"Tracks in the context of an album can have a totally different effect in comparison to hearing those tracks in isolation..."
Streaming services have revolutionised the consumption of recorded music, with millions of tracks now available at our fingertips. However, I still find purchasing and listening to the physical copy of an album to be a much more immersive, engaging and rewarding experience. As a teenager, I remember receiving the cassette of Oasis' Be Here Now for Christmas and saving pocket money for their subsequent album The Masterplan. Once I had my first Saturday job I would visit Circa Records every Monday to browse the latest releases to add to my collection, having read about them in the previous week's NME. Fast‑forward 15 years, and on recent trips to London and Manchester I spent time browsing independent record shops searching for hidden gems, artists recommended to me by friends and releases by seminal artists.
The physical album evokes memories of when I discovered the artist, who suggested I should listen to them, where I bought the record, and moments in life associated with listening to the record. For me, this deeper connection and experience of owning the physical item combines to enhance and enrich the listening process.
From the artist's perspective, the album format gives us the freedom to craft a journey upon which to take the listener. For a creator, a collection of songs can reflect a time period, mindset, the involvement of a collaborator, and in some cases it can be autobiographical. While the same can be said about individual songs, the shorter format limits the scope of this for the writer.
As a listener, it is important to remember that tracks in the context of an album can have a totally different effect in comparison to hearing those tracks in isolation, and some don't always have the same impact when heard as stand‑alone works. Nostalgia can also play an important role in the listening process, and often reminds me why I fell in love with music in the first place, thanks to a childhood friend lending me some of his cassettes to listen to. Those were the only records I had access to, so I listened to them on repeat. While the tape could be rewound, the limitation of the playback format encouraged the consumption of the whole album in the way it was intended. Just as it can for a creator, an album can have an association with a time, place or mindset the listener was faced when they first heard it.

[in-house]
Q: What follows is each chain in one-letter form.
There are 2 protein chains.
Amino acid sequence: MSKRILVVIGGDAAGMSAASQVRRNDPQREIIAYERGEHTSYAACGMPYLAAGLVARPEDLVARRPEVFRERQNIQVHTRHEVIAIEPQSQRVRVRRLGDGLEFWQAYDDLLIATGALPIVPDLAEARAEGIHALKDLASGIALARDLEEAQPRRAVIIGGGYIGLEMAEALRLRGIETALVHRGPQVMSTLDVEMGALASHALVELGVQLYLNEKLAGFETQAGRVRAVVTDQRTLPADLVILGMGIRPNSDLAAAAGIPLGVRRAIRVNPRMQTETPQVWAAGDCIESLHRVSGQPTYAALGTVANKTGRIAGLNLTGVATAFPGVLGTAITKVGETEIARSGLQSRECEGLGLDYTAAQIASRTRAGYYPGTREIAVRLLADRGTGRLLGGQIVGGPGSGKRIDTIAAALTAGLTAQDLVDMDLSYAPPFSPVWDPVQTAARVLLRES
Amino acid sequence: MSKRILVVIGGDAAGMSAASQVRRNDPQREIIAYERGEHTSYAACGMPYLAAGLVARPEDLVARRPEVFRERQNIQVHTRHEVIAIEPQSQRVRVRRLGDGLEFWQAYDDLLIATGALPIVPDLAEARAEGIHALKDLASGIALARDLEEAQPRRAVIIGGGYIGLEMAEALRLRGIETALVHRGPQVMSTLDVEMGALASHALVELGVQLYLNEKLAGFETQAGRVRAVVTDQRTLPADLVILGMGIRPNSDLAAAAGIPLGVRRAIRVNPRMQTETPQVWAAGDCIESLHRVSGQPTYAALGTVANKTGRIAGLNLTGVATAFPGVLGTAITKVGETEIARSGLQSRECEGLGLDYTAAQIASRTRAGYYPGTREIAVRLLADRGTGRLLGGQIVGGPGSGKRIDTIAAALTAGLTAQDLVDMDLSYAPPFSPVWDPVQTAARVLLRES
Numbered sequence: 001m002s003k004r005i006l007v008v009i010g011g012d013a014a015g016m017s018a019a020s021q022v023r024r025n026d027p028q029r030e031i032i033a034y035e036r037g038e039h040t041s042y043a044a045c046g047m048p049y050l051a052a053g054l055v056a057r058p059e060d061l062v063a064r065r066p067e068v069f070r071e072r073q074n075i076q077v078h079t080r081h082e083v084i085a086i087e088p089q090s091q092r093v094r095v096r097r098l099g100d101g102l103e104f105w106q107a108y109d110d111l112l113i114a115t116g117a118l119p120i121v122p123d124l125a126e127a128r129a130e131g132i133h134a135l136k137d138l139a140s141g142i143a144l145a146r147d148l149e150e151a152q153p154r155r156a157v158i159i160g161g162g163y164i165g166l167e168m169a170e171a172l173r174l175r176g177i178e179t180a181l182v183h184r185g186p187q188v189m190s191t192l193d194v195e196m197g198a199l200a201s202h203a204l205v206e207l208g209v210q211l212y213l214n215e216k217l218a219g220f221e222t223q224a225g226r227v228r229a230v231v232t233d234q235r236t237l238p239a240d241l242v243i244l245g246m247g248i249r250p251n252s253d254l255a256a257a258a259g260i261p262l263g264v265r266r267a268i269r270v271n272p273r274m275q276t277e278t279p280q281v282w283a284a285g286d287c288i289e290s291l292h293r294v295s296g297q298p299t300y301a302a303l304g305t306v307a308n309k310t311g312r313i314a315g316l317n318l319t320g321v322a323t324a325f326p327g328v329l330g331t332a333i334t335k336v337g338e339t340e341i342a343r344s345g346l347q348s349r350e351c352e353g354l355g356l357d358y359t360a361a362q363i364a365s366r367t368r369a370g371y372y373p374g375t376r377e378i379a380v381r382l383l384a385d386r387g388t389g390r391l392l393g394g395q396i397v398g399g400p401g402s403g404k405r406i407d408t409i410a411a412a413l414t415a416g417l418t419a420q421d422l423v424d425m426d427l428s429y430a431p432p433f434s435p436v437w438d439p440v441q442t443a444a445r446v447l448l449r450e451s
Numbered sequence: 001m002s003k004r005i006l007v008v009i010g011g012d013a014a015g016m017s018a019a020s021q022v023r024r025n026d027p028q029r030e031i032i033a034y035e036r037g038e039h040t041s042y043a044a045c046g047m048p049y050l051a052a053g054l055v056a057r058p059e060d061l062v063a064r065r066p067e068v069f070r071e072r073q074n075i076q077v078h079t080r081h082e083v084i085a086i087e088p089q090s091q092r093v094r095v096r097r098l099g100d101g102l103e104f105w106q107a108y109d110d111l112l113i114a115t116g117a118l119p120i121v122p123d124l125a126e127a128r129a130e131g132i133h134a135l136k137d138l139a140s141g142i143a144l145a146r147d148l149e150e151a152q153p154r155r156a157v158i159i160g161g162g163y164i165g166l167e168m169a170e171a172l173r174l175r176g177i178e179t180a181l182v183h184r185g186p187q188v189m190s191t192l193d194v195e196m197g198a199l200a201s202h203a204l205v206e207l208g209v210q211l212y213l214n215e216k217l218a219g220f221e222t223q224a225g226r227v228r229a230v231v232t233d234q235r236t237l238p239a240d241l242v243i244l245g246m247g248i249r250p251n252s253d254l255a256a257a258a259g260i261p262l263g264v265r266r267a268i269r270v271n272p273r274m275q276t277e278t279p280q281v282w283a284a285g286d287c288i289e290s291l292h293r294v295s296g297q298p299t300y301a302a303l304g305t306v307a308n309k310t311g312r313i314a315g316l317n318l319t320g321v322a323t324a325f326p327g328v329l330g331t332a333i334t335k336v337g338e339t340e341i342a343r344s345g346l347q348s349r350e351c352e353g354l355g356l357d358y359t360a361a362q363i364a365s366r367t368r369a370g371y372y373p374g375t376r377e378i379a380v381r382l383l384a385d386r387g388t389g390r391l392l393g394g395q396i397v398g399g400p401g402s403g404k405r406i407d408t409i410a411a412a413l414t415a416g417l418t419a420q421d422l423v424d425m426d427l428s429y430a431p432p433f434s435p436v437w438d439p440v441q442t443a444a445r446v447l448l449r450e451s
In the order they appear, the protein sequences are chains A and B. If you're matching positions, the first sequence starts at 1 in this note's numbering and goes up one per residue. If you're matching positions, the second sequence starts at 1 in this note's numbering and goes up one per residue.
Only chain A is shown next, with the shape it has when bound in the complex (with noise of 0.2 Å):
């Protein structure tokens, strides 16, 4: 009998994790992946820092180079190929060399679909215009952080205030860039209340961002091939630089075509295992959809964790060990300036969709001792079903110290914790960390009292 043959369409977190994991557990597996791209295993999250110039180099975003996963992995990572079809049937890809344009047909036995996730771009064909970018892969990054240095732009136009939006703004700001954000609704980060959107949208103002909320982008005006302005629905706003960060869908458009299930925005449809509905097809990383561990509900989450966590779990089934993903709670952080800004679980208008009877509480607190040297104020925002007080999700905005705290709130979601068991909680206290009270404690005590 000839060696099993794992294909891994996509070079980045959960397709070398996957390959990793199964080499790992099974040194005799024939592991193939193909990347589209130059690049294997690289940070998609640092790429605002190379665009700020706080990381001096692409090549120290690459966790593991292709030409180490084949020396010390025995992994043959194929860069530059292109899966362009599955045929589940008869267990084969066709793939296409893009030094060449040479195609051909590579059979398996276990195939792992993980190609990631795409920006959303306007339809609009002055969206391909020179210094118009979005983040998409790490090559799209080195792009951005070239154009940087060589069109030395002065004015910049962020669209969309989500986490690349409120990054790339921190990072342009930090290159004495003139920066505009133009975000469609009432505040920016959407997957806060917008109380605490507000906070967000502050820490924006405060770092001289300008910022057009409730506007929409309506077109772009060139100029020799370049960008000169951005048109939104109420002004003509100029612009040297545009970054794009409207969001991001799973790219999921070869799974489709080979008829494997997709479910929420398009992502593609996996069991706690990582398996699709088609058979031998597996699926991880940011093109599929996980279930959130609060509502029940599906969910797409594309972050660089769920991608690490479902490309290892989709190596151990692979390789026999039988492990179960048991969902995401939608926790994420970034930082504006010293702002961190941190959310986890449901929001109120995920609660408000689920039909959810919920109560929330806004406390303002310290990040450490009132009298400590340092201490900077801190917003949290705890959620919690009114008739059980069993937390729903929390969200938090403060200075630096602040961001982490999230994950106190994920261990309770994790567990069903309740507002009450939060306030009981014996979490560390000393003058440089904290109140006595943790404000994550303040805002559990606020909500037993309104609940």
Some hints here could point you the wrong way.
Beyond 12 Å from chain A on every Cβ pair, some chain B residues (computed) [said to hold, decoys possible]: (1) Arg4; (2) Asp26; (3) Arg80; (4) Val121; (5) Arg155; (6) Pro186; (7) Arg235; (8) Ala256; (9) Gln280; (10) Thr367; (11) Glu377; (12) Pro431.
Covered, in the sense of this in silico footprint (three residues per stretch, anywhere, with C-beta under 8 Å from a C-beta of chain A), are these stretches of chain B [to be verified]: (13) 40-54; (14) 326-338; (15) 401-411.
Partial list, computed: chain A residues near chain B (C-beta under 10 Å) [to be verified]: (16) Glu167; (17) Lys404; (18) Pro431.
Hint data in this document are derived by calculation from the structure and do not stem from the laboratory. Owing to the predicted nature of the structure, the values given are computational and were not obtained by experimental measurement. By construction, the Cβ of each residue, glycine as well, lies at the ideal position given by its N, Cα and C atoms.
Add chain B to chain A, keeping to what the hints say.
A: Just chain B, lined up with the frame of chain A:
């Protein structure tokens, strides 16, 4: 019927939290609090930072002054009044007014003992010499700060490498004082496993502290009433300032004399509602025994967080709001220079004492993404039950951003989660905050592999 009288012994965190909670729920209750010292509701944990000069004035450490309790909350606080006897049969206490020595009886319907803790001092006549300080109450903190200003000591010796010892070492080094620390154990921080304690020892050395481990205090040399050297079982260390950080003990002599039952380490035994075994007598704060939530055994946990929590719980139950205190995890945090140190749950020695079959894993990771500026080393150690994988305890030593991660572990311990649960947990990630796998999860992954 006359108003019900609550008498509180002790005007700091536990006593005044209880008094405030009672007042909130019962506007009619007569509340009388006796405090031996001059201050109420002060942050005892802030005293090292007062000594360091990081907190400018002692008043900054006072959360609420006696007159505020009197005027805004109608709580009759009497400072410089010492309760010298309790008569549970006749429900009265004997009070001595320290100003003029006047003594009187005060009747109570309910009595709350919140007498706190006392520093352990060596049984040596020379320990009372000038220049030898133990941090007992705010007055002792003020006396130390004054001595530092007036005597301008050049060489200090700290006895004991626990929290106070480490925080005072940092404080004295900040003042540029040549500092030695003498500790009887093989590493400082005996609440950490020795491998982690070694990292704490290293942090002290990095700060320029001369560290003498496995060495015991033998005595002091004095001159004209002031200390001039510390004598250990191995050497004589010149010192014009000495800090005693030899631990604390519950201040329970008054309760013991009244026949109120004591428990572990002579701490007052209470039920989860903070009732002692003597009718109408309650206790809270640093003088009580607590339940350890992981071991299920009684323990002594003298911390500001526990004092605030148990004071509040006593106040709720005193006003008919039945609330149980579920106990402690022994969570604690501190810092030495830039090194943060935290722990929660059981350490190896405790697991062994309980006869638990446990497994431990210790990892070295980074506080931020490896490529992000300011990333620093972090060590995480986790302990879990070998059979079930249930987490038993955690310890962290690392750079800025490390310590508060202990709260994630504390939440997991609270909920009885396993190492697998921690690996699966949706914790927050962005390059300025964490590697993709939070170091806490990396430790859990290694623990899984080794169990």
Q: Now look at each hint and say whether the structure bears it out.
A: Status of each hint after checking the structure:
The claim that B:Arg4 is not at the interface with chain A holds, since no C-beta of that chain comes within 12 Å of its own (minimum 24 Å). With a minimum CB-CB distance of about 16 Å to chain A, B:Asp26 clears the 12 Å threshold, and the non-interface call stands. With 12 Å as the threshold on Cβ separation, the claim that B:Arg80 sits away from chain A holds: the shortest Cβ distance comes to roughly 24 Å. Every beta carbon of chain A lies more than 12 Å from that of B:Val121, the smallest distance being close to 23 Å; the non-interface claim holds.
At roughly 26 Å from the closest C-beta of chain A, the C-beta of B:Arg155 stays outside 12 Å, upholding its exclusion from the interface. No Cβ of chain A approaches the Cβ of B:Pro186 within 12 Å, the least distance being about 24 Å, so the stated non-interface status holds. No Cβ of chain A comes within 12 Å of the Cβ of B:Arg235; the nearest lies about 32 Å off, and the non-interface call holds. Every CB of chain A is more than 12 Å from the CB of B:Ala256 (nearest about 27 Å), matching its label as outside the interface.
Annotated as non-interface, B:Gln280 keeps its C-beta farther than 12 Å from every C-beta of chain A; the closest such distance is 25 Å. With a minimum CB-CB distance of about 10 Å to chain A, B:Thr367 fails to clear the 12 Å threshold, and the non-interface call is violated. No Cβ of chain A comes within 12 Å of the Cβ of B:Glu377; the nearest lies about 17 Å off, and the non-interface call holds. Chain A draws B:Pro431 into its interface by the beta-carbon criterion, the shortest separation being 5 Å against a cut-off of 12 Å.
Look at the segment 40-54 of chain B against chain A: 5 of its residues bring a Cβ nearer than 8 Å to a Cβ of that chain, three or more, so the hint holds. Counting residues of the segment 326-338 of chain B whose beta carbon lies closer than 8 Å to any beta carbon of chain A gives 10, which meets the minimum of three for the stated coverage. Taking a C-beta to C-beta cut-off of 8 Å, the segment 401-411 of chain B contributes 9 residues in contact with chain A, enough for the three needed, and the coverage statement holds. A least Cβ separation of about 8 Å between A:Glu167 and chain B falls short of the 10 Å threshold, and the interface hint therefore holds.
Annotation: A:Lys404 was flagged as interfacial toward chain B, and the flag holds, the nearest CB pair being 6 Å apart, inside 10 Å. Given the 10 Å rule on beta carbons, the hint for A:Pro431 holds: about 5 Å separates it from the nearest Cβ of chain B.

As a composer and music producer, listening to an album can inspire my next track or project. Along with the obvious characteristics including genre and instrumentation, I listen for inspiring sounds and textures, chord sequences, rhythms and the way the instruments present are performed and utilised.
While I certainly don't feel the album is becoming a lost art form, instant digital access to almost any record removes some of the magic from purchasing and experiencing an album as a whole. With this in mind, I encourage you to take the time to listen to an album from start to finish, with no distractions. While there is no inherent problem with listening on digital services, perhaps we should be mindful to take the time and effort to listen to albums as they were intended, instead of jumping to the latest playlist or trending track. This mindset and approach to music consumption can enable us to reap the full rewards of the emotions triggered and the overall sensory experience we can have with music.
Michael Denny is a music producer and composer. You can hear his music at www.michaeldennymusic.com.